The Aircrew Badge (German: Fliegerschaftsabzeichen) was a German military decoration awarded to members of the German Air Sports Association (Deutscher Luftsportverband or DLV e. V.), an organisation set up by the Nazi Party in March 1933 to establish a uniform basis for the training of military pilots. The German Air Sports Association was a cover organization for the future German Air Force (Luftwaffe). Its chairman was the future Commander in Chief of the Luftwaffe Hermann Göring and its vice-chairman Ernst Röhm. Since the Treaty of Versailles officially forbade Germany from building fighter planes of any sort, the German Air Sports Association used gliders to train men who were still officially civilians for the future Luftwaffe. It was the first qualification badge recognized by the Luftwaffe.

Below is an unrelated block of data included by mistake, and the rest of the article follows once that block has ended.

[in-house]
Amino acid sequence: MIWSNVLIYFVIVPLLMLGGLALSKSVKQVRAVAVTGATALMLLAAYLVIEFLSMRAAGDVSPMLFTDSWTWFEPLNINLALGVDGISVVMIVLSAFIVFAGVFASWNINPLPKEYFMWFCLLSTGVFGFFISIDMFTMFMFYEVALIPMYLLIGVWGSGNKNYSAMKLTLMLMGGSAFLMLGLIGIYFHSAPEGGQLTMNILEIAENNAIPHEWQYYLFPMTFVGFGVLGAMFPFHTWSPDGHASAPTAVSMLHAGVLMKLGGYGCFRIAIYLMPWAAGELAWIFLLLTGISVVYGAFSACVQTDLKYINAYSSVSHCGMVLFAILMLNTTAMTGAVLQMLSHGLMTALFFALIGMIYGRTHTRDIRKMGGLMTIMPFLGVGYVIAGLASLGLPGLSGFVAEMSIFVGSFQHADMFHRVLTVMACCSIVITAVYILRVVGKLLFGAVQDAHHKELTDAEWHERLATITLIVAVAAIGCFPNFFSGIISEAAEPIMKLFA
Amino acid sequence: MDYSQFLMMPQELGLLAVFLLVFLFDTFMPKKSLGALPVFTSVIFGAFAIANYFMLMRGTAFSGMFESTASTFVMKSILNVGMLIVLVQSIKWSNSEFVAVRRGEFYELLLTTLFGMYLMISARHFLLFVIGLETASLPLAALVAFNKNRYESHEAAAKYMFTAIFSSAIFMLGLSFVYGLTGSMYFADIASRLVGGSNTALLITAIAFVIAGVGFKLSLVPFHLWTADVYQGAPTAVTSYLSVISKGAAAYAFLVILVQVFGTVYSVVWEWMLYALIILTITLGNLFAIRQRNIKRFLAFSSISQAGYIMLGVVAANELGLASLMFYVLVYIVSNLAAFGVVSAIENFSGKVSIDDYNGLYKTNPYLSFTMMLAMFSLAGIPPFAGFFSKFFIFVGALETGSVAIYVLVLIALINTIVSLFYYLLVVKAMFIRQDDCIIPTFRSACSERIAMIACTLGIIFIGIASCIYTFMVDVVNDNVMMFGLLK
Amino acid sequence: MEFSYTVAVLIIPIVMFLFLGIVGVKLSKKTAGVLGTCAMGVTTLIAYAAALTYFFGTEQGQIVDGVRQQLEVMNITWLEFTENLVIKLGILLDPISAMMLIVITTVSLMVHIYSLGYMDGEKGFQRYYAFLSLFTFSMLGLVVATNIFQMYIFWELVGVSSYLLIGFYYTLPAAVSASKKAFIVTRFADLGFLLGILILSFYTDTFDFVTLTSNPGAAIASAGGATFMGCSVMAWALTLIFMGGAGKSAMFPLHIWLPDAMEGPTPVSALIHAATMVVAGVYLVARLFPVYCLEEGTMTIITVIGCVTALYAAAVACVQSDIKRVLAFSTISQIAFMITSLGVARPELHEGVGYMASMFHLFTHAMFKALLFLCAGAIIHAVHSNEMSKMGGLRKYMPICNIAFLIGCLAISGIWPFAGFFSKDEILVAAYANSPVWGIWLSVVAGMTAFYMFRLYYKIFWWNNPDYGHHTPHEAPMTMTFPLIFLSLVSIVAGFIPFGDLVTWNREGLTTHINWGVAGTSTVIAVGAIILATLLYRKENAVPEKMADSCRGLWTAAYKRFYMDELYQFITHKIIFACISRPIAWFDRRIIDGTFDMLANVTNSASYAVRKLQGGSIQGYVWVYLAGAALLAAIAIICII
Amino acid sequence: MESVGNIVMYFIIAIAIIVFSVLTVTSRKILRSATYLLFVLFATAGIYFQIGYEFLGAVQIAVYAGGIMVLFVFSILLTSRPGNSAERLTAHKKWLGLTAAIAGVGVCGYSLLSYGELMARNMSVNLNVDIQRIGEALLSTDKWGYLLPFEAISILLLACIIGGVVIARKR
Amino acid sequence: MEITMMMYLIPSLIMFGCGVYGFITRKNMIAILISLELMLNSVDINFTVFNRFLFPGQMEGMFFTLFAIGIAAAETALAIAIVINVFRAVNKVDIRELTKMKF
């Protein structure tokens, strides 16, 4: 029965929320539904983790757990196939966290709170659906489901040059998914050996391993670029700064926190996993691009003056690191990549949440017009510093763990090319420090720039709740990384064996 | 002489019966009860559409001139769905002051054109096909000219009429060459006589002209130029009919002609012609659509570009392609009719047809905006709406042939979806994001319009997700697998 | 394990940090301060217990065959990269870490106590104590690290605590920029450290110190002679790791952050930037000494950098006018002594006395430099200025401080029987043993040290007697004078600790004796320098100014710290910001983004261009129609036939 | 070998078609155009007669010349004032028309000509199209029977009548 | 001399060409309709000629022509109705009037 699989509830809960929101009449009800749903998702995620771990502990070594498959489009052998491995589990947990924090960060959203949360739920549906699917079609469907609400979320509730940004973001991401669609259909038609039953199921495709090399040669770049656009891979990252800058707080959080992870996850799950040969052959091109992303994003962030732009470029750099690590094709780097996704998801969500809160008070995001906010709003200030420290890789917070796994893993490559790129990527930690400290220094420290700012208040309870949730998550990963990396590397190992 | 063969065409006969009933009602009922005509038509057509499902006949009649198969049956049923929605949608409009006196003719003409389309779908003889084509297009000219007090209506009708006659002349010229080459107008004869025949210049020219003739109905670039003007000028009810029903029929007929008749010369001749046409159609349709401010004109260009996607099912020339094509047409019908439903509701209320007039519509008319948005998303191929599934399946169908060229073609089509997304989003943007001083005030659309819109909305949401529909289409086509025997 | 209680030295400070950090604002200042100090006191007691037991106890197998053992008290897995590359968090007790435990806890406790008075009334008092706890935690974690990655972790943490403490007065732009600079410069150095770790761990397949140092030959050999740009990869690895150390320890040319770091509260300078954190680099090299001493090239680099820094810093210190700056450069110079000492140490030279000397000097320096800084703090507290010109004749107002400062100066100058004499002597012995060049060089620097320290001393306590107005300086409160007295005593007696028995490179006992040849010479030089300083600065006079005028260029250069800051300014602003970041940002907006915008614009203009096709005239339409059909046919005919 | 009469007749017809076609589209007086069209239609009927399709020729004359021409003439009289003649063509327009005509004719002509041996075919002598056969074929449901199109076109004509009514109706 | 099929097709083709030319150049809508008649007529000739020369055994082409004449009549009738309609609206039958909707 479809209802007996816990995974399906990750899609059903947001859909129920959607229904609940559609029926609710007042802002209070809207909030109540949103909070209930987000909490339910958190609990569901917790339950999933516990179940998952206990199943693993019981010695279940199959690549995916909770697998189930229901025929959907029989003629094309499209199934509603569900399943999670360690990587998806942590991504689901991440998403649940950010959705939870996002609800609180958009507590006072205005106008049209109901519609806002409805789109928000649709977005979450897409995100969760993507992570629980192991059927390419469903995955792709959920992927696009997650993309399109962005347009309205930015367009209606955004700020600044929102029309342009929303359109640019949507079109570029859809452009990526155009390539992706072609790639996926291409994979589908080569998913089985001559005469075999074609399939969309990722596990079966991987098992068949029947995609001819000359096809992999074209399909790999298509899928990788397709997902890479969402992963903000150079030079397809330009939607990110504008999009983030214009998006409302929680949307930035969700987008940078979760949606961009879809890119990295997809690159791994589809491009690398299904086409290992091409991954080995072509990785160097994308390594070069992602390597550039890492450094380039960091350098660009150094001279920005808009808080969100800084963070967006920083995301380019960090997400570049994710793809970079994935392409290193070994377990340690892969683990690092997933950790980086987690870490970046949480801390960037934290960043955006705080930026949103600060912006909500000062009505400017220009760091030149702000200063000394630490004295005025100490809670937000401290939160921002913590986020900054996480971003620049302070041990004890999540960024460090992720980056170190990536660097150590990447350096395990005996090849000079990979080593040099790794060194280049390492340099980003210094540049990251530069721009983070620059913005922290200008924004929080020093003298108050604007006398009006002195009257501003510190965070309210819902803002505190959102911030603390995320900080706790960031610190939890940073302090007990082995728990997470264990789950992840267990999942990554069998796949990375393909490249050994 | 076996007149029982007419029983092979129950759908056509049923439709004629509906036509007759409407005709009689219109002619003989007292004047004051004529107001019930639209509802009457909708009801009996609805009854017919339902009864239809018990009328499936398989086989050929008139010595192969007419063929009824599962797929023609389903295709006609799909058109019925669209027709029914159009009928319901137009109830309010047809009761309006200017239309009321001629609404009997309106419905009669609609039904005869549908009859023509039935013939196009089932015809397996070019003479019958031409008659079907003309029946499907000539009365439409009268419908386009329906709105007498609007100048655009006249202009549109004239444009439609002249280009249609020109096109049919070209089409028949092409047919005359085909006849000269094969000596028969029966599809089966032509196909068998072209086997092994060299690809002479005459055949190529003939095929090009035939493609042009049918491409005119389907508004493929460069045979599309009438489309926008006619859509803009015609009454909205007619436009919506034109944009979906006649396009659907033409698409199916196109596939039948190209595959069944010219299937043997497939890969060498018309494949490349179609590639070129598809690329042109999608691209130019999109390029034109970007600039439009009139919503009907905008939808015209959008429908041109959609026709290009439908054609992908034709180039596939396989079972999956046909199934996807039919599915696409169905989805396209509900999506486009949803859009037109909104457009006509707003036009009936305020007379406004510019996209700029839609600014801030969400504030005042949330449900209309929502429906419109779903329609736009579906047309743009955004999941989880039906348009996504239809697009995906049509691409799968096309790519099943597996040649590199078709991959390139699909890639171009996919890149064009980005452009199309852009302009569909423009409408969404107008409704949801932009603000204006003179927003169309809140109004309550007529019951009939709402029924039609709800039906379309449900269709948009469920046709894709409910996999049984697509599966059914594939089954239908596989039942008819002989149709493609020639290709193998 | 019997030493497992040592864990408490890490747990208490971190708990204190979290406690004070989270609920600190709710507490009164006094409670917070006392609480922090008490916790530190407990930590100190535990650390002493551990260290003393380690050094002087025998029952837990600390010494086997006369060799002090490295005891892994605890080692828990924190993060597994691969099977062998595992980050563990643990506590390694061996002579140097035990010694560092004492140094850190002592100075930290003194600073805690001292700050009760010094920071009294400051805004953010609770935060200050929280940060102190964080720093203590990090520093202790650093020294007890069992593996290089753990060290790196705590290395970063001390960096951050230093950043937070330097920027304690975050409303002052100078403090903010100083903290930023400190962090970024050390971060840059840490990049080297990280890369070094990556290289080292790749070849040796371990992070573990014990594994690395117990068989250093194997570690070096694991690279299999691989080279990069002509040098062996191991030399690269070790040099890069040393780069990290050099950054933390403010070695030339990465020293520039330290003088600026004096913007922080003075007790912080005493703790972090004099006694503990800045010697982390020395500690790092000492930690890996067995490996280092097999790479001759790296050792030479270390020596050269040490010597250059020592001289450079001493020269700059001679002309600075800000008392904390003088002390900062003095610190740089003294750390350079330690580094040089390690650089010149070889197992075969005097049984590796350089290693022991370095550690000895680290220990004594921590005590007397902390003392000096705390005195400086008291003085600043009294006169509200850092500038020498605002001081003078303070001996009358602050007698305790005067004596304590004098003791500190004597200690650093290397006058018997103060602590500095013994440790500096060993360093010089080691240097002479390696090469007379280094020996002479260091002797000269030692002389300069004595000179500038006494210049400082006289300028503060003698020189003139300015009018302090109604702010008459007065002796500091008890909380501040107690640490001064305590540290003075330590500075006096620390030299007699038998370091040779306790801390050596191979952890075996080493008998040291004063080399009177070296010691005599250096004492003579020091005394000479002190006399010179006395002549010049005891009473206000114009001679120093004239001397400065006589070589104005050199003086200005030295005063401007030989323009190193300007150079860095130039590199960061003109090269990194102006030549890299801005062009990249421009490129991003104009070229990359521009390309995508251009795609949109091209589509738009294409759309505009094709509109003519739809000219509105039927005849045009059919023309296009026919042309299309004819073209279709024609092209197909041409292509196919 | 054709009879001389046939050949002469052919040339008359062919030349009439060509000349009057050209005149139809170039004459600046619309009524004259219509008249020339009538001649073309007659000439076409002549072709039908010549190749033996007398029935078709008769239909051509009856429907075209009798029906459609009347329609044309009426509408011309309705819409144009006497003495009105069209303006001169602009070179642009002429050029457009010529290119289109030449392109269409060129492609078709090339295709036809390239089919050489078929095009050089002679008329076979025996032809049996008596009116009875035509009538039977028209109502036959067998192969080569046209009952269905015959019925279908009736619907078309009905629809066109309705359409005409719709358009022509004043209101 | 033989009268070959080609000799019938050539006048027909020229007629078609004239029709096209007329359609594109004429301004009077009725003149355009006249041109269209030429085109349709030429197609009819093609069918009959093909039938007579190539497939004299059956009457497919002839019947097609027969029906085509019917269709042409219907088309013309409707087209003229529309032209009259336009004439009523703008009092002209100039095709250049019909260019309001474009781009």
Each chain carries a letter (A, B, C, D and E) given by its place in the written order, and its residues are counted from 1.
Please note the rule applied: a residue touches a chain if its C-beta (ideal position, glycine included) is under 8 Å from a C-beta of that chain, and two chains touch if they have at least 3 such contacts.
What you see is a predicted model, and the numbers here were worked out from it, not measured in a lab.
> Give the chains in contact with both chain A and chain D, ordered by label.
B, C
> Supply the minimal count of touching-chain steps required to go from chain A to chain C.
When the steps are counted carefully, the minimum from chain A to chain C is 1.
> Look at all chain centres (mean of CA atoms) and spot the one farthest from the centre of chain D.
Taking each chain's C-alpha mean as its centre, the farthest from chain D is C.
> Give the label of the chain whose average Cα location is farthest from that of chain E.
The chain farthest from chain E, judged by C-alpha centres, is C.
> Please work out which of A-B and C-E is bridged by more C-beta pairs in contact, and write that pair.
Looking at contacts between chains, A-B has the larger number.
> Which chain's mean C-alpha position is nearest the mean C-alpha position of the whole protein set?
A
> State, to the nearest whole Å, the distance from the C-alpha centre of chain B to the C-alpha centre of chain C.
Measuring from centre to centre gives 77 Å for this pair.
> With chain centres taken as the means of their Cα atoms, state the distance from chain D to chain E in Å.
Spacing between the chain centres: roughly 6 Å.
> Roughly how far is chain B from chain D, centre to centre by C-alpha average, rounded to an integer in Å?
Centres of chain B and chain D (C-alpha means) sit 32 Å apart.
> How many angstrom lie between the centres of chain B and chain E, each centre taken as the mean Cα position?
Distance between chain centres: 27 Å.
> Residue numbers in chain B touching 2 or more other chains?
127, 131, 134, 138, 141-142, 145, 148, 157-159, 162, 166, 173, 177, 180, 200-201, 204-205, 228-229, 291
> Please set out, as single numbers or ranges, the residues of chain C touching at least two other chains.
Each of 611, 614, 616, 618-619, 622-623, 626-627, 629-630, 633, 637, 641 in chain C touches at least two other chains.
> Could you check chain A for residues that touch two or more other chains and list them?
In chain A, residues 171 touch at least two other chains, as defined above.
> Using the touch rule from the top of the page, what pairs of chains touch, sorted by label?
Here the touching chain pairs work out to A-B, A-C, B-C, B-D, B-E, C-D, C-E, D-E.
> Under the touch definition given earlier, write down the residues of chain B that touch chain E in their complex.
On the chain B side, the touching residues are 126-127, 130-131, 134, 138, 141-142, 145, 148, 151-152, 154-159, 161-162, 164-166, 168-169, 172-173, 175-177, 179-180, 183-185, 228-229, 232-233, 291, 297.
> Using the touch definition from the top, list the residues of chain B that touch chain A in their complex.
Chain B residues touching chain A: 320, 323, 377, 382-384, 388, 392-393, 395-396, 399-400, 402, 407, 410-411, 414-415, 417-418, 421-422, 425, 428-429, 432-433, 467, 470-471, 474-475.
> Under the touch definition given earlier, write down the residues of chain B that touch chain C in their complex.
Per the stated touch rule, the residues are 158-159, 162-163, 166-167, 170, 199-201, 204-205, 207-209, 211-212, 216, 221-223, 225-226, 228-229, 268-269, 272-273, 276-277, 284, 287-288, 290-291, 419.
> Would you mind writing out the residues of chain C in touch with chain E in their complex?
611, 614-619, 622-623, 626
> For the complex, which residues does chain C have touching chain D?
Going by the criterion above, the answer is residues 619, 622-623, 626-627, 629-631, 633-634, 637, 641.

The badge came into existence in 1933. To be placed on the lower part of the left breast pocket, it was worn by pilots and observers. It had the national eagle clutching a Nazi swastika at the top and a wreath around the outside rim. The left side of the wreath was composed of oak leaves and the right side of laurel leaves. The wreath pattern was reversed in 1935. The badge was made of silver and was grey in appearance.
The Aircrew Badge became the official Pilot/Observer Badge for the Luftwaffe on 19 January 1935. However, it was replaced by a newer Pilot/Observer Badge instituted by Göring in 1936. The original badge was then removed from circulation and retired. For that reason, it is considered a rare badge of the Luftwaffe.